It has been 18 years since 9-year-old Jimmy Ryce was raped and murdered. The law named for Jimmy allows the state to keep sex offenders locked up indefinitely if they are considered a threat.
Now, many believe the law isn't working as well as it should.
Donald James Smith is accused of strangling 8-year-old Cherish Perrywinkle just three weeks after being released from jail. Smith has been in and out of the special prison for sex offenders.
Psychologist Jay Reeve said such cases are far too common.
"I think there is some judicial and legal view of what constitutes trigger?" said Reeve. "Under what circumstances can you actually flag one of these individuals, regardless of what the plea deal has been as someone who is likely to reoffend."
Nearly 700 sex offenders are being kept past the sentences because they are considered a danger to repeat. Perrywinkle's mother, Rayne Perrywinkle, told a legislative panel this week, that predators should never be allowed to be free.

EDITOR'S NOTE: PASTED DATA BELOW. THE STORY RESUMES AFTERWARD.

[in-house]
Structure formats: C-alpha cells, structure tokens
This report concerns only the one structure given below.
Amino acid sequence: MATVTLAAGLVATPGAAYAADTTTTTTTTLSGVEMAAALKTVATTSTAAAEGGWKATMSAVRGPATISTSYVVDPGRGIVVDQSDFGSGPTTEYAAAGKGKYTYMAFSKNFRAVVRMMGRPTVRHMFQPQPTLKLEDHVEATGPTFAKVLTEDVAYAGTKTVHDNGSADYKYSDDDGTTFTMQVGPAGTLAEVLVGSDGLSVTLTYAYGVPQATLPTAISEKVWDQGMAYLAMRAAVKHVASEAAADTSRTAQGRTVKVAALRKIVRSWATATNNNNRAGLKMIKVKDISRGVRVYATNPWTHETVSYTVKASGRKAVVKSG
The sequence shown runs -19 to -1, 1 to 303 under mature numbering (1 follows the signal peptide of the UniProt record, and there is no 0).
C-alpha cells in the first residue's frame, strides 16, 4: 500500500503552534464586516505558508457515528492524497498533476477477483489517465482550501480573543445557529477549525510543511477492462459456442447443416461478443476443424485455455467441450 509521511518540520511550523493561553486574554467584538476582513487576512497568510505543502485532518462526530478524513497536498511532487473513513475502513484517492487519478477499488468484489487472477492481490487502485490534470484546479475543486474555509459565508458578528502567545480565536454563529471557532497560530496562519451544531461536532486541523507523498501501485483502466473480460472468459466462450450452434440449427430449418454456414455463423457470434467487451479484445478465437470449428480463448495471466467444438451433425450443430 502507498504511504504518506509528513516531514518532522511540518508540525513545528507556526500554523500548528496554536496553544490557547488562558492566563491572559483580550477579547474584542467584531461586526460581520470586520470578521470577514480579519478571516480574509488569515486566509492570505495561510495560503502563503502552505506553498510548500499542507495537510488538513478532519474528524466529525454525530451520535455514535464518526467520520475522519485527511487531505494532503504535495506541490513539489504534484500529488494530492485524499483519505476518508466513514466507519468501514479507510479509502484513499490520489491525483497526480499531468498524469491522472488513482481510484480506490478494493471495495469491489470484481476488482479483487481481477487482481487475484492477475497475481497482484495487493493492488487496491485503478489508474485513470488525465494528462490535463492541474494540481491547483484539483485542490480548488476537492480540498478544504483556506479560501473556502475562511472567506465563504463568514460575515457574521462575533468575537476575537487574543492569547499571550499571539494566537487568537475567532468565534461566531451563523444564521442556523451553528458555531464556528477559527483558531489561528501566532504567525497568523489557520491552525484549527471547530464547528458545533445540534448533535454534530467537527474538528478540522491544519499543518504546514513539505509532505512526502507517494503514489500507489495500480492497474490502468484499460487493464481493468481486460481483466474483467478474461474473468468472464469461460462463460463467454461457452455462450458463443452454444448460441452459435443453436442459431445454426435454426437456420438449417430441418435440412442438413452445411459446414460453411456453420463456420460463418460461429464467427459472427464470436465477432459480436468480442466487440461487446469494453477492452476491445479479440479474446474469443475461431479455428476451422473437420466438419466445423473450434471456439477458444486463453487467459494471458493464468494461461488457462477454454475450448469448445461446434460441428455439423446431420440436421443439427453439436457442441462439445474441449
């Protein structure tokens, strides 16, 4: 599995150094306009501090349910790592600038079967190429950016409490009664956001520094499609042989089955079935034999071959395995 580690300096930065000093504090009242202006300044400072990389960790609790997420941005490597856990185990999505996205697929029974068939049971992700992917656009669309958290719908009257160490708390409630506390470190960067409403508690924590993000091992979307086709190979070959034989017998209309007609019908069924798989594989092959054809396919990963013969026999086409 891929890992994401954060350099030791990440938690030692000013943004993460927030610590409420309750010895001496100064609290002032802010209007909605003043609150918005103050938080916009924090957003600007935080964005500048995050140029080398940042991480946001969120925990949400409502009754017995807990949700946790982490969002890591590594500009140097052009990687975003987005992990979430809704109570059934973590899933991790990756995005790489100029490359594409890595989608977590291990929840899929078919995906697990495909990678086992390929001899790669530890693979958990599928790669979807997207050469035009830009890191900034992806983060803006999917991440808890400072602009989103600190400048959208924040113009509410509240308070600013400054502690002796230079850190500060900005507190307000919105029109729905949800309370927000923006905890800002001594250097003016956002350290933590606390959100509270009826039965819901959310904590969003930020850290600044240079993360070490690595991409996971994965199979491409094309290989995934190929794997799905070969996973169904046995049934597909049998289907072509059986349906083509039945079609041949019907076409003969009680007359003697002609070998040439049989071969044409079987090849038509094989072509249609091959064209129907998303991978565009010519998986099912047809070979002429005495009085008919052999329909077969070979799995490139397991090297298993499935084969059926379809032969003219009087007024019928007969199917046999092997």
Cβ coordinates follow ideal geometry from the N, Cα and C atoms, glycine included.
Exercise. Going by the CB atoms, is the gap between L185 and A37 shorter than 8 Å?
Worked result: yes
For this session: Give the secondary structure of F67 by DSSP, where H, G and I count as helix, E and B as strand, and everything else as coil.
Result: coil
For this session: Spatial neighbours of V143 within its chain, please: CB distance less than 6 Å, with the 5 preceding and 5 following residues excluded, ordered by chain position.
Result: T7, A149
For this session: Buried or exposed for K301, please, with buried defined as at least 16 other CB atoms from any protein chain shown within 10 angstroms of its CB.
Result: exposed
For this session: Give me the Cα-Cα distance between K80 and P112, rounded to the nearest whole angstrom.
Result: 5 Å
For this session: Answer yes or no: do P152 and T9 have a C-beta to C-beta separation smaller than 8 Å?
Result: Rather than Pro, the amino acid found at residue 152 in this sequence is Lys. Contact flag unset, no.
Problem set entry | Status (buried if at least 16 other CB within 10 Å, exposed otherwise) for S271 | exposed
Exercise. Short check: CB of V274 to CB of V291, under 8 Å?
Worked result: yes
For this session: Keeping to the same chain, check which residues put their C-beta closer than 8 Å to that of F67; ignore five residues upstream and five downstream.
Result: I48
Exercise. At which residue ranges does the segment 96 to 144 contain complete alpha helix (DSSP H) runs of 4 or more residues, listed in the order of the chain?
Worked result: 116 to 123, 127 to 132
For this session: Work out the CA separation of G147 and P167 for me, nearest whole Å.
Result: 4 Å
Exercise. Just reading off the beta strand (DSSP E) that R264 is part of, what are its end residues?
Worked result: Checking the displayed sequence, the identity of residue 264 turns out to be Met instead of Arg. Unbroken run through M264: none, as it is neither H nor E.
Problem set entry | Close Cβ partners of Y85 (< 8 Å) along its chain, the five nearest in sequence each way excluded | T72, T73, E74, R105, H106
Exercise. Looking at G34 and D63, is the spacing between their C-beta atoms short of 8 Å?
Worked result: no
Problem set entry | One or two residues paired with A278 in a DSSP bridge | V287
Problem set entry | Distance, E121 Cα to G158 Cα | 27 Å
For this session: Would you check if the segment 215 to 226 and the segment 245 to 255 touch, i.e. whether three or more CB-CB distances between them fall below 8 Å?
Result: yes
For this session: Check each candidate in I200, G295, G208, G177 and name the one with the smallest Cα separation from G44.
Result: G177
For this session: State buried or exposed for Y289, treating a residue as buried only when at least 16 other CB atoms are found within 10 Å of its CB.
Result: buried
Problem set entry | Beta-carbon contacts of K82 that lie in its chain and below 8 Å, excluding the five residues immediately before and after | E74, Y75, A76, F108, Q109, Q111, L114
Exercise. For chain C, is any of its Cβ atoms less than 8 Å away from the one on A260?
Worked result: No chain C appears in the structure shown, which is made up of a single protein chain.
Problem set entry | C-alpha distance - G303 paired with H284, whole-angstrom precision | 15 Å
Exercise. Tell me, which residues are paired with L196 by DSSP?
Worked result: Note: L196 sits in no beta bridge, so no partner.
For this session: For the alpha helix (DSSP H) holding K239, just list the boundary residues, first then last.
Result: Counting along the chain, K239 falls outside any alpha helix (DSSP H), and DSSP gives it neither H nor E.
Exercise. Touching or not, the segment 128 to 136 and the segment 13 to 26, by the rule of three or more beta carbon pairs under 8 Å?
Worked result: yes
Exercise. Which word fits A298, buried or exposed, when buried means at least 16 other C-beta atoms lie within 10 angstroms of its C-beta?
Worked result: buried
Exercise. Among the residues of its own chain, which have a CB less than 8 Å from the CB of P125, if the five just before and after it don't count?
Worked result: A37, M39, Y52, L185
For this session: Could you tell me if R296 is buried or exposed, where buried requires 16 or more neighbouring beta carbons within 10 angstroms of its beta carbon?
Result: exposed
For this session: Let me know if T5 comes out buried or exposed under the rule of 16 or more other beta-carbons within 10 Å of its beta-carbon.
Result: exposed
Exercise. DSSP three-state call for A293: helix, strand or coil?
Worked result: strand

"They should have an ankle bracelet," said Rayne Perrywinkle. "They should have a tattoo on their forehead."
Reeve said there is no magic cure for predators.
"There's no magic bullet, there is no magic program that are going to make these guys better, not only over night but even in quite a while," said Reeve.
Since the Smith case, the Department of Children and Families has ordered a review of the law.
DCF isn't talking about sex offender reforms until after it completes a review of the program, that's Sept. 23. Then the next day, they will present findings to lawmakers.
The Sex Offender law is named for Jimmy Ryce. He was raped and murdered just weeks before his 10th birthday. Jimmy would have been 28 later this month.
In recent years Ryce's mother died prematurely and earlier this year, his sister committed suicide.